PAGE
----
A Fife councillor has called on the Scottish Government to do more to support Wemyss caves.
Cllr Tom Adams made his comments as the Levenmouth Area Committee approved plans for the future of the caves.
The plan, drawn up by the Save the Wemyss Ancient Caves Group, aims to conserve the caves, which are in serious danger due to coastal erosion, and make them more accessible to the public.
Goals include looking in to the possible creation of a new cultural centre, creating a stronger link to the Fife Coastal Path and investigating options to preserve Macduff’s Castle. The group also hope to assess the stability of the caves and conduct more research into the markings inside the caves.
Cllr Adams, however, criticised successive Scottish governments for not doing enough to help Fife Council save the caves.
“I think the Scottish Government need to step up to the mark,” he said. “This isn’t just aimed at one party. None of the parties have done anything. It’s a bigger issue than Fife Council and we need the support of the Scottish Government. We can’t do this ourselves.”
And Cllr David Alexander made it clear that something needed to be done.
He stated: “It would be criminal for our generation to lose the caves. I’ve seen plans through my lifetime – for the last 30 or 40 years.”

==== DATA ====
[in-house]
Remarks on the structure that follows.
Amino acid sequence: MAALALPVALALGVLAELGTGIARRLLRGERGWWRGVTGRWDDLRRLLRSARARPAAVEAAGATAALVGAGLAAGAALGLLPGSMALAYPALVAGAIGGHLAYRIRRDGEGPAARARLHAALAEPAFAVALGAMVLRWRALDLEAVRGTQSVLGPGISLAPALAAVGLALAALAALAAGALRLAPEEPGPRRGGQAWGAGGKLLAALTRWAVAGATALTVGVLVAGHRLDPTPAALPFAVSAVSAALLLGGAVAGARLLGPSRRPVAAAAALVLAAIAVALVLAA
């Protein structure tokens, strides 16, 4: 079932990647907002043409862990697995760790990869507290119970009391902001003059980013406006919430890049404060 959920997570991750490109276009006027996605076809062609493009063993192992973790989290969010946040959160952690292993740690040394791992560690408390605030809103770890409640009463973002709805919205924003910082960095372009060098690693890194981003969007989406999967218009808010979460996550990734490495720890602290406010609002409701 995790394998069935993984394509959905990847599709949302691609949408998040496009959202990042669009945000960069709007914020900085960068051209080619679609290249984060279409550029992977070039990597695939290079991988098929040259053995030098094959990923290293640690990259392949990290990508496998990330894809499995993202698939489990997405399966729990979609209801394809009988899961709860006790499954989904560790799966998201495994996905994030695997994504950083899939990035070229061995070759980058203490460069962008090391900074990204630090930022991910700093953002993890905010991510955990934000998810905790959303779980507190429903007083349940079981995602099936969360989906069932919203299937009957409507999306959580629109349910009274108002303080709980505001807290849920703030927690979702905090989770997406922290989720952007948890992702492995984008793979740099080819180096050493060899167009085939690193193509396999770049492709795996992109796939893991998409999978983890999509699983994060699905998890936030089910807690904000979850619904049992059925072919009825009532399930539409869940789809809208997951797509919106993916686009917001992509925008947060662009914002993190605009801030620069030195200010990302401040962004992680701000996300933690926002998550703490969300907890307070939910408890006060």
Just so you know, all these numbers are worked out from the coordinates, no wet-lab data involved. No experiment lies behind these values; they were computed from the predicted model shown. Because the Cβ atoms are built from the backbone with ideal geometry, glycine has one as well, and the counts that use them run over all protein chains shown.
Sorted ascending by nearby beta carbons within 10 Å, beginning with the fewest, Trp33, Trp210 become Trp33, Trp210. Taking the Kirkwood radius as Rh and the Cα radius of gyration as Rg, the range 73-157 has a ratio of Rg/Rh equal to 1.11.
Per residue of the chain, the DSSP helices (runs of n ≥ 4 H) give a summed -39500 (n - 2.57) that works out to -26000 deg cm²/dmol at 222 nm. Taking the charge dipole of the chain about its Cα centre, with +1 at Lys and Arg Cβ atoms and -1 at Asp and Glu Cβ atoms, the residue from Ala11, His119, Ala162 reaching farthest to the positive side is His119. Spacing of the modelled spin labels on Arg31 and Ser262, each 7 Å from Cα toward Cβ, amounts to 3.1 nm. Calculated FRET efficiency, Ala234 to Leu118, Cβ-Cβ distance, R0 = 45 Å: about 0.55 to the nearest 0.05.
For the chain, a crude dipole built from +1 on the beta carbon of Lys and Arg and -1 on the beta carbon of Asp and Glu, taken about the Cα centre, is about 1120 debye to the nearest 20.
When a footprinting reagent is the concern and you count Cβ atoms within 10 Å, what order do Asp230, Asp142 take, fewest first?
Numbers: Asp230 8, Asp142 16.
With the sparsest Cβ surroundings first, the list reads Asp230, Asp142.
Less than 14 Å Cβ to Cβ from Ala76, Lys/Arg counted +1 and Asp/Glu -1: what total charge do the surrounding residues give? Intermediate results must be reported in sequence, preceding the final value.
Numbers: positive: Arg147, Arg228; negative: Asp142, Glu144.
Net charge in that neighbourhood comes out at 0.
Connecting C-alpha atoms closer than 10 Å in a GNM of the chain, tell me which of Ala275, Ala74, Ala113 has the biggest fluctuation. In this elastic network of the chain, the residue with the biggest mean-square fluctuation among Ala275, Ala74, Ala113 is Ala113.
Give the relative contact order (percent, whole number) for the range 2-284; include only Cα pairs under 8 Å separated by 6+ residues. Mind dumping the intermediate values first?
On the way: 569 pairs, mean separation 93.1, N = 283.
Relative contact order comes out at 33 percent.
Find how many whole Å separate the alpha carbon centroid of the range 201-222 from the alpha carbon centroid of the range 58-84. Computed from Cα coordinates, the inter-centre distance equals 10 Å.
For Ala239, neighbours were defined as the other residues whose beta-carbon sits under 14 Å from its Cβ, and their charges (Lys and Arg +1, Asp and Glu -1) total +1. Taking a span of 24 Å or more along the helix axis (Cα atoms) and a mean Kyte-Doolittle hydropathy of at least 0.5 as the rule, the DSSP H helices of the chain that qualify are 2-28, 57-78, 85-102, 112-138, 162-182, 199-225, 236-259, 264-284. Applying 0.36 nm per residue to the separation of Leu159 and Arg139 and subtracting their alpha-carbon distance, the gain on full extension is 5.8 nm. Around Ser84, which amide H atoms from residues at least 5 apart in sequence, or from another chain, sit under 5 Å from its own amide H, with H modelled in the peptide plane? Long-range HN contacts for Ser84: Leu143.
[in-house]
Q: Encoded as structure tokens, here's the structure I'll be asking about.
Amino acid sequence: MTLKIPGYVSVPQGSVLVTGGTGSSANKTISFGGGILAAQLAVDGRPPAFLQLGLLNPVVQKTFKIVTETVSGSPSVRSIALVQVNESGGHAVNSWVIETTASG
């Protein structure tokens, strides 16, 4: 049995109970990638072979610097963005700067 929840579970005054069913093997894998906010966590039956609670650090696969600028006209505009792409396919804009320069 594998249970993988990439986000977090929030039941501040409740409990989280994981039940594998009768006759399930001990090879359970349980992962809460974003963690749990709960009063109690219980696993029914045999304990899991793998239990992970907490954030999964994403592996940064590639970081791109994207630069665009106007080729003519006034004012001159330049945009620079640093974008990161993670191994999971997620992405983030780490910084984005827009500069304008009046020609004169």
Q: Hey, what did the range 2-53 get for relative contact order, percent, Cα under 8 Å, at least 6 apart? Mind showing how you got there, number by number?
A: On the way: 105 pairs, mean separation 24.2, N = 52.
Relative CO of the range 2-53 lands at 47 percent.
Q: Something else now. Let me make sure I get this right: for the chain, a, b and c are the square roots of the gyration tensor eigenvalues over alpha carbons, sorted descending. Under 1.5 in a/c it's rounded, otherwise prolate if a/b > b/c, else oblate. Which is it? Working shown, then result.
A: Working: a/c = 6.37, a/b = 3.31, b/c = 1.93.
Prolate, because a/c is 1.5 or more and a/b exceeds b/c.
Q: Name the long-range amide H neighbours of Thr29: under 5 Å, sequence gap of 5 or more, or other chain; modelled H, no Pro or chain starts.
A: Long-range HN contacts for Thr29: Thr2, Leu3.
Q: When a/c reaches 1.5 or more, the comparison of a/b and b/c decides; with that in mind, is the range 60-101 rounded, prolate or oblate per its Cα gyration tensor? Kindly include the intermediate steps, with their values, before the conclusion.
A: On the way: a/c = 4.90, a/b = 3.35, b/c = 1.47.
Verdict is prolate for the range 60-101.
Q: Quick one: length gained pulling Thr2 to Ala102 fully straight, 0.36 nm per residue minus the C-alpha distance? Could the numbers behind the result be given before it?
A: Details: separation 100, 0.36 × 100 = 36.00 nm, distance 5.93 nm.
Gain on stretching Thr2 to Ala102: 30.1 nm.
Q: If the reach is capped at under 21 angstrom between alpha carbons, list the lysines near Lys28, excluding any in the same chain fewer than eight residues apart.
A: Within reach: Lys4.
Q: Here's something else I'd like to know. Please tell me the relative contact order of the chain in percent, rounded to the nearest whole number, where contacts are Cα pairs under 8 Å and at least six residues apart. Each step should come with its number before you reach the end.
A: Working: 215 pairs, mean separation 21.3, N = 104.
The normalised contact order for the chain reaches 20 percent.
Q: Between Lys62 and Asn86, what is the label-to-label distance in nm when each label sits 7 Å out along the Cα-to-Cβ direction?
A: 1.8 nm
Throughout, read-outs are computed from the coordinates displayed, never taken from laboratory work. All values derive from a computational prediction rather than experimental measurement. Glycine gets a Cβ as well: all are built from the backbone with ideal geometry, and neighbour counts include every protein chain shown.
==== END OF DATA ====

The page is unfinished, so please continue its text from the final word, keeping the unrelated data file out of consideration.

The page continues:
David Paterson, Levenmouth area service manager, was confident that the plan would be deliverable but confirmed that Fife Council would need the support of the Scottish Government in the long term.
“We aren’t in a position to fund coastal protection,” he said. “We are trying to make it into smaller bites. We have a coherent approach that we haven’t had before.”
The Wemyss Caves contain markings from the Bronze Age through to the 19th century, the most important of which are from the Pictish period.
The Pictish markings are considered to be rare because of them being in a domestic setting. Most other examples of similar markings are found on standing stones.
However coastal erosion has put the caves at high risk and over £250,000 has been spent in the last 20 years trying to conserve them.
Following the decision, the plans will now go in front of Fife Council’s Executive Committee, who will make a final decision.